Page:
In what might be one of the darkest ironies of the COVID-19 saga in New York City, the Cooper Hewitt has been forced to close the Willi Smith: Street Couture retrospective before it opens, the first museum exhibition of the influential American designer Willi Smith (1948–1987), whose career was cut short when he was killed by the AIDS crisis in 1987.
Smith, who in 1976 founded WilliWear with partner Laurie Mallet, is often credited as a pioneer—if not the creator of—streetwear, which today is nearly ubiquitous, uniting economic and social classes with a blend of high fashion and everyday-inspired clothing. Through collaborations with artists, designers and performers, such as Juan Downey, Dan Friedman, Keith Haring, Bill T. Jones/Arnie Zane Dance Company, Les Levine, Dianne McIntyre, and Nam June Paik, Smith captured the creativity and spirit of the cities where culture was being formed.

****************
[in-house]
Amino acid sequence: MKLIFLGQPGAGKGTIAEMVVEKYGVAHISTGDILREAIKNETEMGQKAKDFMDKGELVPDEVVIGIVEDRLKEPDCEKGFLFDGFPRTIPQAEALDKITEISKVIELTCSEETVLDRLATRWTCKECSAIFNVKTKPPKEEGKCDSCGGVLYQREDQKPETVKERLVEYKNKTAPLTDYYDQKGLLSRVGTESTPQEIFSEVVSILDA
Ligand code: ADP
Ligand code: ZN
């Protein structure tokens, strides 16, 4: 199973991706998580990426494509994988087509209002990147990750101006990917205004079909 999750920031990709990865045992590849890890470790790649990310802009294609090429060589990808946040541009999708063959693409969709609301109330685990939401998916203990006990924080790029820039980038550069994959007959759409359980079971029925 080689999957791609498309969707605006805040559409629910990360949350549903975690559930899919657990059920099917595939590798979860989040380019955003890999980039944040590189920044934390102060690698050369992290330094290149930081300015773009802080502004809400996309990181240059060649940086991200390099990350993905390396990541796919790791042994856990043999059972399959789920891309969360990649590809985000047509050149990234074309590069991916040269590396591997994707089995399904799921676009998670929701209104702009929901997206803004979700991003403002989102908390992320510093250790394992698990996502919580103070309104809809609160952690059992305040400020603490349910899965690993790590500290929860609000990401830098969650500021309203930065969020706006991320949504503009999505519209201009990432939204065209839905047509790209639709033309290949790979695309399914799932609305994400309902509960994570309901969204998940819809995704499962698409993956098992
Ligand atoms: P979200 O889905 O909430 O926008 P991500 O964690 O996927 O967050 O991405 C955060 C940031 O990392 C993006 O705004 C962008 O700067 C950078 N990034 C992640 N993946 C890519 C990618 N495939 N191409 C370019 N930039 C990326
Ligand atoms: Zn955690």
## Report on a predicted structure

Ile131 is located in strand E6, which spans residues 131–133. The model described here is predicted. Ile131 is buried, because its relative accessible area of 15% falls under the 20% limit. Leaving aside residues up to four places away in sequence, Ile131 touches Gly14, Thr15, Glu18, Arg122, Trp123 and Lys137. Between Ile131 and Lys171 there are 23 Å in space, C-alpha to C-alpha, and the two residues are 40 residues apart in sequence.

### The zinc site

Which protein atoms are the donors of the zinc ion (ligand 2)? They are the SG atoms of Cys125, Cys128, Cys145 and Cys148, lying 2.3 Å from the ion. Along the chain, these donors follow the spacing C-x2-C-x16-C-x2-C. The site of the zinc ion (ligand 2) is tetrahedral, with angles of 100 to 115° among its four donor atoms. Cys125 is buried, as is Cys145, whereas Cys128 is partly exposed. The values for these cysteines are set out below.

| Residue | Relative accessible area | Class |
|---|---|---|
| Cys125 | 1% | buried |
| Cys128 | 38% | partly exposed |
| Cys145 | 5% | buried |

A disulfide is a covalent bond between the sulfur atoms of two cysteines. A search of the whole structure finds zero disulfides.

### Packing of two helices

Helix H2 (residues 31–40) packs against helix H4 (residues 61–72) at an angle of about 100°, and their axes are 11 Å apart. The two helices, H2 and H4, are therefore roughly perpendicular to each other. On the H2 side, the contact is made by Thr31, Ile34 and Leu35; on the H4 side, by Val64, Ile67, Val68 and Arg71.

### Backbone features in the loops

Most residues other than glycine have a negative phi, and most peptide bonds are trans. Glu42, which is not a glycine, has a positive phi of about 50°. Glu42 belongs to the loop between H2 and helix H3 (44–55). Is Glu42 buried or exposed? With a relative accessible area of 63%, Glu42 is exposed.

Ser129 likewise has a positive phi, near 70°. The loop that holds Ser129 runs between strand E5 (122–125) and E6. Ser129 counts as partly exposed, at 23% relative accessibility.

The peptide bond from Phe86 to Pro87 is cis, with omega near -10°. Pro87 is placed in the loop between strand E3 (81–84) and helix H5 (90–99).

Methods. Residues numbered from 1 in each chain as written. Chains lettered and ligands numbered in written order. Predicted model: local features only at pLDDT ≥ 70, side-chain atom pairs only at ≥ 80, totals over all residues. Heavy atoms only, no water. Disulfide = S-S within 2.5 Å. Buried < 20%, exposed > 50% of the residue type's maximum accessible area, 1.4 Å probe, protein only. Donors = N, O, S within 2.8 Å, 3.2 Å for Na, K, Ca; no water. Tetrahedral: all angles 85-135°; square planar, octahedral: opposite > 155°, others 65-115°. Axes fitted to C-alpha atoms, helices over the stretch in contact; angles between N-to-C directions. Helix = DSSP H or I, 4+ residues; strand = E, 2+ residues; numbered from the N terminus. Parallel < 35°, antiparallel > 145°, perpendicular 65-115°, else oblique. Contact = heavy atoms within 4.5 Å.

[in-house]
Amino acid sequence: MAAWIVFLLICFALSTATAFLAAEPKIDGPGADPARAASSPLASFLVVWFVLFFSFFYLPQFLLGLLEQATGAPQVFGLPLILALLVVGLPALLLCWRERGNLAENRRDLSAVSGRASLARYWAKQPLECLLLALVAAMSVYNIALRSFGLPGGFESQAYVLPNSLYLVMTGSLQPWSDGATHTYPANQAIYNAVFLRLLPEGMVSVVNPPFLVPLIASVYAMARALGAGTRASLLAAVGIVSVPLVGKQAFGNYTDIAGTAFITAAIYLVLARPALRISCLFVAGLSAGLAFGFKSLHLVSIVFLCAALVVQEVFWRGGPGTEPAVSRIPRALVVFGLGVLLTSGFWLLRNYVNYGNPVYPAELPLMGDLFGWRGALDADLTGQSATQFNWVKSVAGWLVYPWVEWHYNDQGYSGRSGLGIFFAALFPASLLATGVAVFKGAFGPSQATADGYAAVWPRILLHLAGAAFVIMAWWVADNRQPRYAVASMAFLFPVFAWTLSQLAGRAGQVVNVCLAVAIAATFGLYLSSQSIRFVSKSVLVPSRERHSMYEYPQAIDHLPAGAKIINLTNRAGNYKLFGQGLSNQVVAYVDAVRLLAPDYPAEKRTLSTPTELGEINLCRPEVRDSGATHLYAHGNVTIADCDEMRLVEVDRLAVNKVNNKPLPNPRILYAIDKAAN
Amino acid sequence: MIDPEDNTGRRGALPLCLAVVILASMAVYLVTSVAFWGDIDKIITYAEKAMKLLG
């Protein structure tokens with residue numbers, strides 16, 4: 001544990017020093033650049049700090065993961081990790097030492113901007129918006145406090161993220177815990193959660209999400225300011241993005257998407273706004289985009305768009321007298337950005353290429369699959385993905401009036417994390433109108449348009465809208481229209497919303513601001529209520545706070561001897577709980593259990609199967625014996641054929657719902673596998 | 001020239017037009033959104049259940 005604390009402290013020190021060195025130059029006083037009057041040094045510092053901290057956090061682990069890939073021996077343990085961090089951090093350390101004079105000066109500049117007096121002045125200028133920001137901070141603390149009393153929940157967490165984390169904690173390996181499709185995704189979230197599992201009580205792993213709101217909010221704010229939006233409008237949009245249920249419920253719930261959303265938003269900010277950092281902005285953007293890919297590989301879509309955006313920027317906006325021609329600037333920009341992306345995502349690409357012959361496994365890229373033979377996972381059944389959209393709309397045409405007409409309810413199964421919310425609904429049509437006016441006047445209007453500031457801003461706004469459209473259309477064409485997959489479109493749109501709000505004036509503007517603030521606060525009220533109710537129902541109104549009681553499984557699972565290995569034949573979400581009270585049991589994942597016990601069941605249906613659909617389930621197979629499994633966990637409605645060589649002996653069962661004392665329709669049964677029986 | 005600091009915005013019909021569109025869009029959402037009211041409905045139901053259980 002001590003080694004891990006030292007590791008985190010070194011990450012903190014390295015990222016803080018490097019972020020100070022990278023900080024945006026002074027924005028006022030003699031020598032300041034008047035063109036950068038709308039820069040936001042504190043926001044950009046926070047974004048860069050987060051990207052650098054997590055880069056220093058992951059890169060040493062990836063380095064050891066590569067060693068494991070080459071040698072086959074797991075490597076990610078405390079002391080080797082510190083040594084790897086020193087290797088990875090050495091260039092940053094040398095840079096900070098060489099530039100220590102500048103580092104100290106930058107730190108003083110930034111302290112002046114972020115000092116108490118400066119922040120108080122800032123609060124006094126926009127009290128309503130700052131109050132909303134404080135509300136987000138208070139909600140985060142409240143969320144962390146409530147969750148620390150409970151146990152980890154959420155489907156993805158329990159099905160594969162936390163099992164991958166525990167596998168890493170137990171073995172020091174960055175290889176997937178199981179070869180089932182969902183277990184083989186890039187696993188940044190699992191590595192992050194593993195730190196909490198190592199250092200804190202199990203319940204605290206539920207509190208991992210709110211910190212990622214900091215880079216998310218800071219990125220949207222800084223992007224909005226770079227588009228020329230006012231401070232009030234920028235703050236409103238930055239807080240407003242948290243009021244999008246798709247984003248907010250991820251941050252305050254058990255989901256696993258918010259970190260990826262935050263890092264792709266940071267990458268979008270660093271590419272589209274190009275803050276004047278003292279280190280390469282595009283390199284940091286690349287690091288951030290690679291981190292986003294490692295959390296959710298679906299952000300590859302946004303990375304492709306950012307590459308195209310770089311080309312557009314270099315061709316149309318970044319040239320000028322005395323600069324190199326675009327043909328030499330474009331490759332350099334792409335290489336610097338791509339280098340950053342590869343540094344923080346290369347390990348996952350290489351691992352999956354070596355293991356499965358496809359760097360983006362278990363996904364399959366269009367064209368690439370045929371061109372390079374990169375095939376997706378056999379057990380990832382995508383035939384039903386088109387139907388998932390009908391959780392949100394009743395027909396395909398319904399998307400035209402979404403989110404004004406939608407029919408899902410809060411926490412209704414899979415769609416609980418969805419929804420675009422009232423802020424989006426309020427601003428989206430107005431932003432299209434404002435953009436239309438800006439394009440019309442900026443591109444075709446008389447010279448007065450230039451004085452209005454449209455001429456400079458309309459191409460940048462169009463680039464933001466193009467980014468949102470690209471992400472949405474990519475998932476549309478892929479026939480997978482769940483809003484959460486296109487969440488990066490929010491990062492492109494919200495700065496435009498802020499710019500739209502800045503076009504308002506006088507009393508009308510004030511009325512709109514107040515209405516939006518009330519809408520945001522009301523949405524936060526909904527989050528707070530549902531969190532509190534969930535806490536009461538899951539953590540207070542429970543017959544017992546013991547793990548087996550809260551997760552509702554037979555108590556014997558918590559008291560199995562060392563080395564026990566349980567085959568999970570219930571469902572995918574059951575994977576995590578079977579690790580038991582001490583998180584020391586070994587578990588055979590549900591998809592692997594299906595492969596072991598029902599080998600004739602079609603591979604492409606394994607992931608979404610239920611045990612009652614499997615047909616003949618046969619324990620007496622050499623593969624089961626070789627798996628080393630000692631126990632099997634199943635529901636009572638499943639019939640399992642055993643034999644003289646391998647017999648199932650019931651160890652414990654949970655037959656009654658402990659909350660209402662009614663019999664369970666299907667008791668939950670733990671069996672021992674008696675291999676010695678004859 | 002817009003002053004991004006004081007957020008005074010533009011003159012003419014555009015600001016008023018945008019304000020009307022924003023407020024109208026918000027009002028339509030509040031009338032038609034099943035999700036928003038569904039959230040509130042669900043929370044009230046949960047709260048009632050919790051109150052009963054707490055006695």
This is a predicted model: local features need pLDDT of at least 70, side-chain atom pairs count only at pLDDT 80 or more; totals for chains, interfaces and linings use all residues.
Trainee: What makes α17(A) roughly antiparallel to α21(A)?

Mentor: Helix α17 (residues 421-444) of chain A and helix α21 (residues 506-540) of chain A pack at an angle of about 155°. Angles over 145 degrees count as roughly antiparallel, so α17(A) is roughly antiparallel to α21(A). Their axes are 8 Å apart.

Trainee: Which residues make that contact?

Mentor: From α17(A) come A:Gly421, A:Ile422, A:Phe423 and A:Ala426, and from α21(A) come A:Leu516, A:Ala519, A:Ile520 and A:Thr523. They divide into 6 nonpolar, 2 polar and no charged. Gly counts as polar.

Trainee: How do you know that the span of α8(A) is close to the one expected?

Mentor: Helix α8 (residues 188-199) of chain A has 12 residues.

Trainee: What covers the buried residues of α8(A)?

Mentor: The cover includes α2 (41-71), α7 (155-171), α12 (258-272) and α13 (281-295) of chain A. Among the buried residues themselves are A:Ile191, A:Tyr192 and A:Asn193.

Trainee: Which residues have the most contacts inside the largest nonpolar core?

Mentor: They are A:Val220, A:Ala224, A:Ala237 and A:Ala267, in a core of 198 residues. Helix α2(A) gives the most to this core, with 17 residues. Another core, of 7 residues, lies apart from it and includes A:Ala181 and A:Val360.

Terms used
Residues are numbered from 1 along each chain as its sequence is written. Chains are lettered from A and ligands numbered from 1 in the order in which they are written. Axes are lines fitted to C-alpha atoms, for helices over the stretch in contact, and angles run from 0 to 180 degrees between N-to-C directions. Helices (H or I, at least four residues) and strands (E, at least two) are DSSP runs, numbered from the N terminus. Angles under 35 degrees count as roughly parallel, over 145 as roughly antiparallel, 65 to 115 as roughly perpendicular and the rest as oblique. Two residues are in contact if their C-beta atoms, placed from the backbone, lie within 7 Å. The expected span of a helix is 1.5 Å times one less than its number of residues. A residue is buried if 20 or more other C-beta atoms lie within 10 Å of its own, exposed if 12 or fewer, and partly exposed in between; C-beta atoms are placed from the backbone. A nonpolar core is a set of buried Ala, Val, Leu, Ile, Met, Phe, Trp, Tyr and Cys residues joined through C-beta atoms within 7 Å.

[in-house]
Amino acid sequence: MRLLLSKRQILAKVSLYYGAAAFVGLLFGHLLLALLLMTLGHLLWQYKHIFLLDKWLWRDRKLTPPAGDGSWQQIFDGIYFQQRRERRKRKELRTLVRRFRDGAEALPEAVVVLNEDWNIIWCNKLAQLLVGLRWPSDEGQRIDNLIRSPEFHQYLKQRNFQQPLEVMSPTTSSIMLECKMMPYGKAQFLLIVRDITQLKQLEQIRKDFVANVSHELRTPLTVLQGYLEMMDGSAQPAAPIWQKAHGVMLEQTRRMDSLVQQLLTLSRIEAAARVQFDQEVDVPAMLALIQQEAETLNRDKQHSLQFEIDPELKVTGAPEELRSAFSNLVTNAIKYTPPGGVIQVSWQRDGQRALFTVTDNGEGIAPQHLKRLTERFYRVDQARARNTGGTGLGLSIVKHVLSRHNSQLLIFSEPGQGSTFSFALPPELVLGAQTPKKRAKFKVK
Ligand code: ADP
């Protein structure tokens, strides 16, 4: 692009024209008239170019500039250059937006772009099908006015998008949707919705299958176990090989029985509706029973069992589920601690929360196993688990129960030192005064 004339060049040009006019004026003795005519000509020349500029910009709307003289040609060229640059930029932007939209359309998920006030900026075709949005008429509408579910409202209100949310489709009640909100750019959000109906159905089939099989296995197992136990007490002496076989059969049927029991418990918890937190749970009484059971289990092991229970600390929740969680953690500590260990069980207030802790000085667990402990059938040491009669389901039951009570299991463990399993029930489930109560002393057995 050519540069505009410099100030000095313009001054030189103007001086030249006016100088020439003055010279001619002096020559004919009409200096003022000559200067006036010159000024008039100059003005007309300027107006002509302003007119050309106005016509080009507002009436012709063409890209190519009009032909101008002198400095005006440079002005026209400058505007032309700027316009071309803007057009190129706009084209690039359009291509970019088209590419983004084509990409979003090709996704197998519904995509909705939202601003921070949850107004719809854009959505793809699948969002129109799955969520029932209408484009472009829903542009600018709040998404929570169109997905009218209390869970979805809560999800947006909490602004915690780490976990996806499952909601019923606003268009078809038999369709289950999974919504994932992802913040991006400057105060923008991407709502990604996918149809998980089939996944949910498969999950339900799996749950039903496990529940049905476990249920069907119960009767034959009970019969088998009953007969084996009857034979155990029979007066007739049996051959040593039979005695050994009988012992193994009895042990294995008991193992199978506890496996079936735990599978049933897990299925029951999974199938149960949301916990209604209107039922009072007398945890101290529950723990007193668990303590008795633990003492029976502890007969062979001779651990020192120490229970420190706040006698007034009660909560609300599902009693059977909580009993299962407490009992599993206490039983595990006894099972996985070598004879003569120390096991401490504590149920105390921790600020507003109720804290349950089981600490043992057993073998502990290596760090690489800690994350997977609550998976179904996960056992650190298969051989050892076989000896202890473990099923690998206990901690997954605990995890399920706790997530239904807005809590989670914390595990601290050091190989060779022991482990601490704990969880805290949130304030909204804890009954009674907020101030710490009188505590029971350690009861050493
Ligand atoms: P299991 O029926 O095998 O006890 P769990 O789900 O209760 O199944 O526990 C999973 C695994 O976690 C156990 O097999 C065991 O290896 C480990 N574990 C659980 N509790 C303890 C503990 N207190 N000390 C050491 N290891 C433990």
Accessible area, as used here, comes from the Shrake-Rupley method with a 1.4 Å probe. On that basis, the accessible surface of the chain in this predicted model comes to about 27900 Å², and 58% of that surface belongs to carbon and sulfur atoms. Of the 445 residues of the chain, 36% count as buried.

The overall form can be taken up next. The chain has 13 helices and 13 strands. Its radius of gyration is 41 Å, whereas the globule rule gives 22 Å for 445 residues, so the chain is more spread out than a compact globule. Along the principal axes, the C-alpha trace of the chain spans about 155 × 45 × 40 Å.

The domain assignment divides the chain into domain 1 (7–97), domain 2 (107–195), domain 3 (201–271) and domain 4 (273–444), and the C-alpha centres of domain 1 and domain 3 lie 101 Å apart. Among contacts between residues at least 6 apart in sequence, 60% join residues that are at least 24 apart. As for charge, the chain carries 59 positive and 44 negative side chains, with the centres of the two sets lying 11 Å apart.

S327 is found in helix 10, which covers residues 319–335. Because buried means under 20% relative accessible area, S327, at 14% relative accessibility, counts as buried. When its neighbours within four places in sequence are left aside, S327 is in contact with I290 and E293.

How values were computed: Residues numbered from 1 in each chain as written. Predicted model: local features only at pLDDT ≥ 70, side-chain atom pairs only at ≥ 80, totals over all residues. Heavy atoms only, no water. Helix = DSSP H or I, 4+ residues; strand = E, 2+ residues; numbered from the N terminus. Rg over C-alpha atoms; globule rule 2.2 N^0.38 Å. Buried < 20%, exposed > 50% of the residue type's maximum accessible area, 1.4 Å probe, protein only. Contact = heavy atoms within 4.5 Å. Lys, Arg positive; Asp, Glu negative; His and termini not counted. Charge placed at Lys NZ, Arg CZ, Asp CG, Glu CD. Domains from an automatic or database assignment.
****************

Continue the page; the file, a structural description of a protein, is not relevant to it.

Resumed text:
It is this marrying of the avant-garde and the world-at-large that brought together Smith with James Wines and Alison Sky of the art and architecture collaborative Sculpture in the Environment (SITE) built a series of showrooms that served as the backdrop for the gesamtkunstwerk of WilliWear. After seeing a window display at the Rizzoli bookstore designed by SITE, Willi enlisted the group to design a series of showrooms from 1982 to 1987, using found objects from around the streets of Manhattan. As members of the Environmental Art movement, SITE specialized in bringing art into places where you would least expect it, and retail stores were one of their specialties, most famously the BEST department stores.
The exhibition, curated by Alexandra Cunningham was designed by Wines along with Sam Chermayeff Architects, who built a modified version of the original stores. The communication designers poly-mode have also contributed a very clear and fresh graphic solution to the display. The show was originally scheduled to be on until Sunday, October 25 2020, but the situation remains fluid.
Note: Effective March 14, the Cooper Hewitt is temporarily closed to support the effort to contain the spread of COVID-19.